are genetically at risk for obesity may need to use a combination of exercise and diet to control their weight and to maintain relatively constant surveillance over their dietary practices. Overweight youth with no familial history of obesity might successfully alter their weight via short-term dietary or exercise practices. Many adolescent athletes who are engaged in high-energy sports need not be concerned with caloric consumption during training but need to alter their practices during periods of inactivity due to injury or the end of the season ( BrooksGunn, Burrow, & Warren, 1988; Warren, 1980). In contrast, athletes whose activities use less energy (such as dance) need to depend more on caloric intake to keep their weight at a certain level than do those whose activities burn more calories per hour of exercise ( Brooks-Gunn et al., 1988). Similar examples have been given for sexual behavior ( Brooks-Gunn & Paikoff, in press): Sexual wellbeing could be expressed by sexual abstinence, self-stimulating sexual behavior, or sexual intercourse with the practice of safe sex. Different subgroups of adolescents are likely to engage in different types of sexual behavior. Health promotion requires that these different pathways be identified, and the factors encouraging different types of healthy behavior be studied.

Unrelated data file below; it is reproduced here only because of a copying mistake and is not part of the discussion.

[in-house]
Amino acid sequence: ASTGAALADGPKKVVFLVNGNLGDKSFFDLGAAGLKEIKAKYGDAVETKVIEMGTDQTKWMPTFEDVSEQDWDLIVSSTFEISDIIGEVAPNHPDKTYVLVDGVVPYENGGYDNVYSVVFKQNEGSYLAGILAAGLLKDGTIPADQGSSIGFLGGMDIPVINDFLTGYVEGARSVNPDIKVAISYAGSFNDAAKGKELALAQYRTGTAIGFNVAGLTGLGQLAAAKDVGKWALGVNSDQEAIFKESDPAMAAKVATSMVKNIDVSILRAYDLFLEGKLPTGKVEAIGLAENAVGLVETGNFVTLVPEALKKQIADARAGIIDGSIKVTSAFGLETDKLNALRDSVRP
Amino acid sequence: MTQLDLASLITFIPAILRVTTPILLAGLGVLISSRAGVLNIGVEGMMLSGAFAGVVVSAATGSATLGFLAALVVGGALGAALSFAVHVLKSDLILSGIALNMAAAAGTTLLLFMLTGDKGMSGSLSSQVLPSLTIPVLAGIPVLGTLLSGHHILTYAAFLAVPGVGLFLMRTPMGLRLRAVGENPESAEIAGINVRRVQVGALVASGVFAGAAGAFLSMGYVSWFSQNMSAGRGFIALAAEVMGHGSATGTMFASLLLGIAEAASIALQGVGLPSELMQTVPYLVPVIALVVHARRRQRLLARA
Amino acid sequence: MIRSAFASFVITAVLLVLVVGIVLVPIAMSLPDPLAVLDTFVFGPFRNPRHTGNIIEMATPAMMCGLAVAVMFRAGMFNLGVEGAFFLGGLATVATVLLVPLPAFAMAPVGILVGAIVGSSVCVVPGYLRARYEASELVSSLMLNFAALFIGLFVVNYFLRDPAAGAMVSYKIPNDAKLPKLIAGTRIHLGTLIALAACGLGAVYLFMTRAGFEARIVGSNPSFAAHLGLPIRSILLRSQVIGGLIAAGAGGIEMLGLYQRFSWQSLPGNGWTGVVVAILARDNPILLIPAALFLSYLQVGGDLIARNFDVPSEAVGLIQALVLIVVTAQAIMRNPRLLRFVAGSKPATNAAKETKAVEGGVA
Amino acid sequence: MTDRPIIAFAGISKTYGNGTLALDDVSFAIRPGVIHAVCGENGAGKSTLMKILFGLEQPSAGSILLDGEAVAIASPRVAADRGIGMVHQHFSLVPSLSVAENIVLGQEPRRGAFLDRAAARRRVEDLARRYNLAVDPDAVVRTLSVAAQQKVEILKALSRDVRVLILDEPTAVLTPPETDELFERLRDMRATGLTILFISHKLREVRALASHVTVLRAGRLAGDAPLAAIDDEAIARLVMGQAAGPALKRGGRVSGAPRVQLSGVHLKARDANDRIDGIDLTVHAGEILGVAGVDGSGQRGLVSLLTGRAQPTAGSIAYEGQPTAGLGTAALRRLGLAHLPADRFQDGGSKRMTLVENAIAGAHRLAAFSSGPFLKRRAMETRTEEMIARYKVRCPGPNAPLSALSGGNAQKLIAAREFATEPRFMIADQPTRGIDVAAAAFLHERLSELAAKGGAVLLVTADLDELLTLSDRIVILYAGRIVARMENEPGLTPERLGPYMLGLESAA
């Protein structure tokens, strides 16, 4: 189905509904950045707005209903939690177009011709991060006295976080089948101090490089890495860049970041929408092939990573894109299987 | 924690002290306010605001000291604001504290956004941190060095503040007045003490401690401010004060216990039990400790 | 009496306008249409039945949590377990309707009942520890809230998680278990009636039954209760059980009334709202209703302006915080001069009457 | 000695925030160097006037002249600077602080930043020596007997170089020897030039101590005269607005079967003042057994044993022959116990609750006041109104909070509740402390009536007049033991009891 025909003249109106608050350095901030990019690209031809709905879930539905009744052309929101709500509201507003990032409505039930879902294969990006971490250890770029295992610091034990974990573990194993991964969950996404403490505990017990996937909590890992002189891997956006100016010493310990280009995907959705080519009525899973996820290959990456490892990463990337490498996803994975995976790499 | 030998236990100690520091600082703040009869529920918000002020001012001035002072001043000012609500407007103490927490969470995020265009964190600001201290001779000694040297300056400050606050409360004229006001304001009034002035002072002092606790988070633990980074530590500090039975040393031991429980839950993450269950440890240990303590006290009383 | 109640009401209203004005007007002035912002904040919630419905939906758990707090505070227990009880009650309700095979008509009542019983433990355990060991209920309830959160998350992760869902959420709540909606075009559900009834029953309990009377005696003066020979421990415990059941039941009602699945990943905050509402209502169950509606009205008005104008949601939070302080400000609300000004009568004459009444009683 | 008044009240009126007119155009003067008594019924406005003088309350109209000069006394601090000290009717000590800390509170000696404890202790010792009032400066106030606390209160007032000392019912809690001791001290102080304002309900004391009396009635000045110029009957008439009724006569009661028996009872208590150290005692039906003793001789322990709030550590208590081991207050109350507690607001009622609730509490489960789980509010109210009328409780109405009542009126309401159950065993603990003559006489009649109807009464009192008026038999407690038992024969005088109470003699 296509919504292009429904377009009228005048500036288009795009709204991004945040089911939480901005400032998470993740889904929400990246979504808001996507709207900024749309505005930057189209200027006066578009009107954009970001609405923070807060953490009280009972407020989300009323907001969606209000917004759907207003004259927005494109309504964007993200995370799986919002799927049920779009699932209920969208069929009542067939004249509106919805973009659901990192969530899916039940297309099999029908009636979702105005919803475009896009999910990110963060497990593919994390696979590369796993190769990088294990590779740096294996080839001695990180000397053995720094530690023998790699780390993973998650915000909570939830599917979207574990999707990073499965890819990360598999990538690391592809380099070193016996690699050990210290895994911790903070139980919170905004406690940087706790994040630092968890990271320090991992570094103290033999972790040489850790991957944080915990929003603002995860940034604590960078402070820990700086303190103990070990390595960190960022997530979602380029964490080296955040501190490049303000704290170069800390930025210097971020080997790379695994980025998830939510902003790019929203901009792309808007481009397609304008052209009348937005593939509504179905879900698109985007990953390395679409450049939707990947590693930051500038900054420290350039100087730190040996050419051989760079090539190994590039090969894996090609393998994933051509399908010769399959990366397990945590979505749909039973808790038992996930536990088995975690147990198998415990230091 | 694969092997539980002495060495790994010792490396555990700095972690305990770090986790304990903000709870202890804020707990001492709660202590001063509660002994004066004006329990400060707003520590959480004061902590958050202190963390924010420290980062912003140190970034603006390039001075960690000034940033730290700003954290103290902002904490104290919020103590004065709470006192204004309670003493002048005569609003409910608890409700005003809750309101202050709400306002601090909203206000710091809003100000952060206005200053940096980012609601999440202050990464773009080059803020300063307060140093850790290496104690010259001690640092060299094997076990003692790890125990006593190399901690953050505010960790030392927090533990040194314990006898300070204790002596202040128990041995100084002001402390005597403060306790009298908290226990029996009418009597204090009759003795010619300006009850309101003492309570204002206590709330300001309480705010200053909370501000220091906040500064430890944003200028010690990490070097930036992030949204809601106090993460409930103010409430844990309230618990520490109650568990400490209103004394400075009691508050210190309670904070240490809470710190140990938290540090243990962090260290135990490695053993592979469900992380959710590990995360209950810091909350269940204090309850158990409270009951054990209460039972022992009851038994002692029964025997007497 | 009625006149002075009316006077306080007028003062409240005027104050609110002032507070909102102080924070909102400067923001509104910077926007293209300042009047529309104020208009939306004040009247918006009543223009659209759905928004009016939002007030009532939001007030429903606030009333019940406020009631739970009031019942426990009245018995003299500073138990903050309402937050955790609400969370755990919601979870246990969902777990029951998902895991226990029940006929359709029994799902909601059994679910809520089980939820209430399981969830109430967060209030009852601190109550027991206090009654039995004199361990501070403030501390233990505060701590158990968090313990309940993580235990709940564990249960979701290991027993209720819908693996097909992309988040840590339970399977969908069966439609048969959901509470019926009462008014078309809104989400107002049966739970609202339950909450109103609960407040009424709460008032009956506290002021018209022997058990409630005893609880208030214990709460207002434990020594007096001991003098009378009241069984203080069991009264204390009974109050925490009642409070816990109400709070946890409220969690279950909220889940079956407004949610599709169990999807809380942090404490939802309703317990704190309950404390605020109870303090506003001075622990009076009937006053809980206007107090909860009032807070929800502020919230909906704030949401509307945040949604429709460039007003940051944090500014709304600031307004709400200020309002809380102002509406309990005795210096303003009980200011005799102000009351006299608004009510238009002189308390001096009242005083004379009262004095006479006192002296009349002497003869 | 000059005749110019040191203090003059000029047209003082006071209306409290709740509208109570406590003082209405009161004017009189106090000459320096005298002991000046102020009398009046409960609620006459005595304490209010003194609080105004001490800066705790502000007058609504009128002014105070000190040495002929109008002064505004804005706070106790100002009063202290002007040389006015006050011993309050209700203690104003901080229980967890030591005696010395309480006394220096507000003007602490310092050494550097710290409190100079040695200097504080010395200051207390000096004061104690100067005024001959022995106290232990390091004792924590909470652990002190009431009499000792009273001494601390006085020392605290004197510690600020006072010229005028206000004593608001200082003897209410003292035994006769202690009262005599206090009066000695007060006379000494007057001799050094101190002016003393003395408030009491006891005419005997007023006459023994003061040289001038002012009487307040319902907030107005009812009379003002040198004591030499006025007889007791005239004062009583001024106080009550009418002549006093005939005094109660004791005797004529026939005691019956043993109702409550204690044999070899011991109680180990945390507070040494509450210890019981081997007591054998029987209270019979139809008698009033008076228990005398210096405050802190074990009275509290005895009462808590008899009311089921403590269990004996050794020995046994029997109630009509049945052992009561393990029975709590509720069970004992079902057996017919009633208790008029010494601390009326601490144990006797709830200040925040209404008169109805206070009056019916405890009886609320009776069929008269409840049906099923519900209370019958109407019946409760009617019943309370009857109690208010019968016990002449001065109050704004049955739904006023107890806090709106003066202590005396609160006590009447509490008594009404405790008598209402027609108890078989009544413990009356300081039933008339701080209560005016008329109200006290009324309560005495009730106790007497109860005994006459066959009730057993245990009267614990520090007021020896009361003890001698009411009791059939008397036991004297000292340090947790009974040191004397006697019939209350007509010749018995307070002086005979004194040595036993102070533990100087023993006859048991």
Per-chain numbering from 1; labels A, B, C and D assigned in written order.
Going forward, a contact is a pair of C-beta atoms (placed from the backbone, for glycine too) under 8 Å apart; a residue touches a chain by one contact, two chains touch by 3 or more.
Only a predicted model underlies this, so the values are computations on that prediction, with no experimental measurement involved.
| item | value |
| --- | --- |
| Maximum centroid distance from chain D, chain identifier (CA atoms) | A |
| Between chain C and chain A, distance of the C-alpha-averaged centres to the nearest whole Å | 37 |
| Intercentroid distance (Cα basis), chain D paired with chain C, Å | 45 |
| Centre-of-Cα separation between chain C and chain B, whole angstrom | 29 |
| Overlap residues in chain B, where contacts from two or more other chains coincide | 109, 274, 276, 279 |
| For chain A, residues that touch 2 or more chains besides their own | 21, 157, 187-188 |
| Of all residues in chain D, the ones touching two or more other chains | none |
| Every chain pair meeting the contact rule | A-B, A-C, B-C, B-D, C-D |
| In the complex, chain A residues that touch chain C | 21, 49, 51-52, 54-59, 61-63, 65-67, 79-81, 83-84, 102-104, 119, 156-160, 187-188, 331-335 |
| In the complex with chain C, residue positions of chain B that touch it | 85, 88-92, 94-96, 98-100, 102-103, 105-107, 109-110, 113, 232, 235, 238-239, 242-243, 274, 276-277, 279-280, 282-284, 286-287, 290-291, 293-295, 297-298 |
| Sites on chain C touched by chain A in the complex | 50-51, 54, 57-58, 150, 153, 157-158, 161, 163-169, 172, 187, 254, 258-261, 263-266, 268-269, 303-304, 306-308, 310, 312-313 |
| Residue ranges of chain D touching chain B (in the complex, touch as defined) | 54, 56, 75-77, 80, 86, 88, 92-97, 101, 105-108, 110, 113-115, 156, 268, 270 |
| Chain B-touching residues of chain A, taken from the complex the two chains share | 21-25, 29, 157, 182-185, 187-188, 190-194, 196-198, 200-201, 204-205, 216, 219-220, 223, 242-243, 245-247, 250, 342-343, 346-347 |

This chapter was presented at a Workshop on "Developmental Aspects of Health Compliance Behavior," sponsored by the National Institute of Child Health and Human Development and the Bureau of Maternal and Child Health and Resources Development and held in Bethesda, July 1989. Support for the writing of this chapter was provided by the Russell Sage Foundation, when the author was a Visiting Scholar there. The research from which examples in the chapter were drawn was funded by NICHD, the W. T. Grant Foundation, the Ford Foundation, and the Robert Wood Johnson Foundation. Their generosity and continued support are greatly appreciated. I thank Norman Krasnegor for his thoughtful editorial comments.
Attie I., & Brooks-Gunn J. (in press). "Research strategies for studying the emergence of eating problems and disorders". In J. G. Crowther, S. E. Hobfoll, M. A. P. Stephens, & D. L. Tennenbaum (Eds.), The etiology of bulimia: The individual and familial context. Washington, DC: Hemisphere.